The League's two most important members, the United Kingdom and France, were reluctant to use sanctions and even more reluctant to resort to military action on behalf of the League. So soon after World War I, the populations and governments of the two countries were pacifist. The British Conservatives were especially tepid on the League and preferred, when in government, to negotiate treaties without the involvement of the organization. Ultimately, the UK and France both abandoned the concept of collective security in favour of appeasement in the face of growing German militarism under Adolf Hitler.Representation at the League was often a problem. Though it was intended to encompass all nations, many never joined, or their time as part of the League was short. One key weakness of the League was that the United States never joined, which took away much of the League's potential power. Even though President Woodrow Wilson had been a driving force behind the League's formation, the United States Senate voted on January 19, 1919 not to join the League. Wilson's stroke and protracted convalescence prevented him from pursuing the issue.The League also further weakened when the fascist powers left in the 1930s. Japan began as a permanent member of the Council, but saw the League as Euro-centric and withdrew in 1932. Italy also began as a permanent member of the Council but withdrew in 1937. The League had accepted Germany as a member in 1926, deeming it a "peace-loving country", but Adolf Hitler pulled Germany out when he came to power in 1933. Another major power, the Bolshevik Soviet Union, was only a member from 1934, when it joined to antagonise Germany (which had left the year before), to December 14, 1939, when it was expelled for aggression against Finland.The League's neutrality tended to manifest itself as indecision. The League required a unanimous vote of its nine (later fifteen) member Council to enact a resolution, so conclusive and effective action was difficult, if not impossible. It was also slow in coming to its decisions. Some decisions also required unanimous consent of the Assembly; that is, agreement by every member of the League.Another important weakness of the League was that it tried to represent all nations, but most members protected their own national interests and were not committed to the League or its goals. The reluctance of all League members to use the option of military action showed this to the full. If the League had shown more resolve initially, countries, governments and dictators may have been more wary of risking its wrath in later years. These failings were, in part, among the reasons for the outbreak of World War II.Moreover, the League's advocacy of disarmament for the United Kingdom and France (and other members) whilst at the same time advocating collective security meant that the League was unwittingly depriving itself of the only forceful means by which its authority would be upheld. This was because if the League was to force countries to abide by international law it would primarily be the Royal Navy and the French Army which would do the fighting. Futhermore, the United Kingdom and France were not rich enough to enforce international law across the globe, even if they wished to do so. For its members League obligations meant there was a danger that states would get drawn into international disputes which did not directly affect their respective national interests.On 23 June 1936, in the wake of the collapse of League efforts to restrain Italy's war of conquest against Abyssinia, British Prime Minister Stanley Baldwin told the House of Commons that collective security "failed ultimately because of the reluctance of nearly all the nations in Europe to proceed to what I might call military sanctions.... [T]he real reason, or the main reason, was that we discovered in the process of weeks that there was no country except the aggressor country which was ready for war.... [I]f collective action is to be a reality and not merely a thing to be talked about, it means not only that every country is to be ready for war; but must be ready to go to war at once. That is a terrible thing, but it is an essential part of collective security." It was an accurate assessment and a lesson which clearly was applied in the formation of the North Atlantic Treaty Organisation, which stood as the League's successor insofar as its role as guarantor of the security of Western Europe was concerned.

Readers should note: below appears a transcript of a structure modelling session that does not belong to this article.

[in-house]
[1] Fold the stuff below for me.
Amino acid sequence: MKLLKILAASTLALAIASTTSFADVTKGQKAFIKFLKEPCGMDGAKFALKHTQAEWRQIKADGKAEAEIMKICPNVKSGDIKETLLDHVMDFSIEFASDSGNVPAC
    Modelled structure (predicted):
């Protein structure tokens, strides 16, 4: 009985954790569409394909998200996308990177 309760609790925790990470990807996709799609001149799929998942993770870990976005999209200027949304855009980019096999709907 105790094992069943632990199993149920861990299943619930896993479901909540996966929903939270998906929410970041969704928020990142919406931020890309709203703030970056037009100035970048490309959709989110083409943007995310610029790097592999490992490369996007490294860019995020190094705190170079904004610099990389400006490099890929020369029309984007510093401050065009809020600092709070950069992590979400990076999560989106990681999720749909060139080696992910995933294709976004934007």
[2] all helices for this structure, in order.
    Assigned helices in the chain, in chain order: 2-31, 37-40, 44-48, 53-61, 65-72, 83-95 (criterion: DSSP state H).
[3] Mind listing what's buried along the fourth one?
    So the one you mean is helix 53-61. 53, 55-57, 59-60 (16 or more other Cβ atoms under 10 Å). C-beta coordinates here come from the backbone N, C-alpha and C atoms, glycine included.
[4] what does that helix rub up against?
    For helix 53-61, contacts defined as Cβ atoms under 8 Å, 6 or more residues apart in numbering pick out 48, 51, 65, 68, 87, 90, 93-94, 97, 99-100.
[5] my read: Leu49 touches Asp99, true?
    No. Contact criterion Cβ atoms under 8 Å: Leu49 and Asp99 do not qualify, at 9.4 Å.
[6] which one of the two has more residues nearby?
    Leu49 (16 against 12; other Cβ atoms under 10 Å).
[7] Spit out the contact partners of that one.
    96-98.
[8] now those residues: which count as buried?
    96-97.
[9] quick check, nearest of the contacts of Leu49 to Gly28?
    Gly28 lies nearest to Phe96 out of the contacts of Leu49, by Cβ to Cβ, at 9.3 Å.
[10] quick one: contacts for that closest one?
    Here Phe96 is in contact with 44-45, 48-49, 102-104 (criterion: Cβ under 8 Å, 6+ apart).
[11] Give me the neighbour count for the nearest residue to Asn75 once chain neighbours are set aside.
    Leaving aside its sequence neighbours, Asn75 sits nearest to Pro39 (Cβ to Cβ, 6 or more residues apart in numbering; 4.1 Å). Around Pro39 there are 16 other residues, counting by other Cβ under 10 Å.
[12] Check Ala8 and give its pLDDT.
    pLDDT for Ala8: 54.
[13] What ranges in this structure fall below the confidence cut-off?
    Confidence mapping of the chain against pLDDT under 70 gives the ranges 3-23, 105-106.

Specific failures - Contents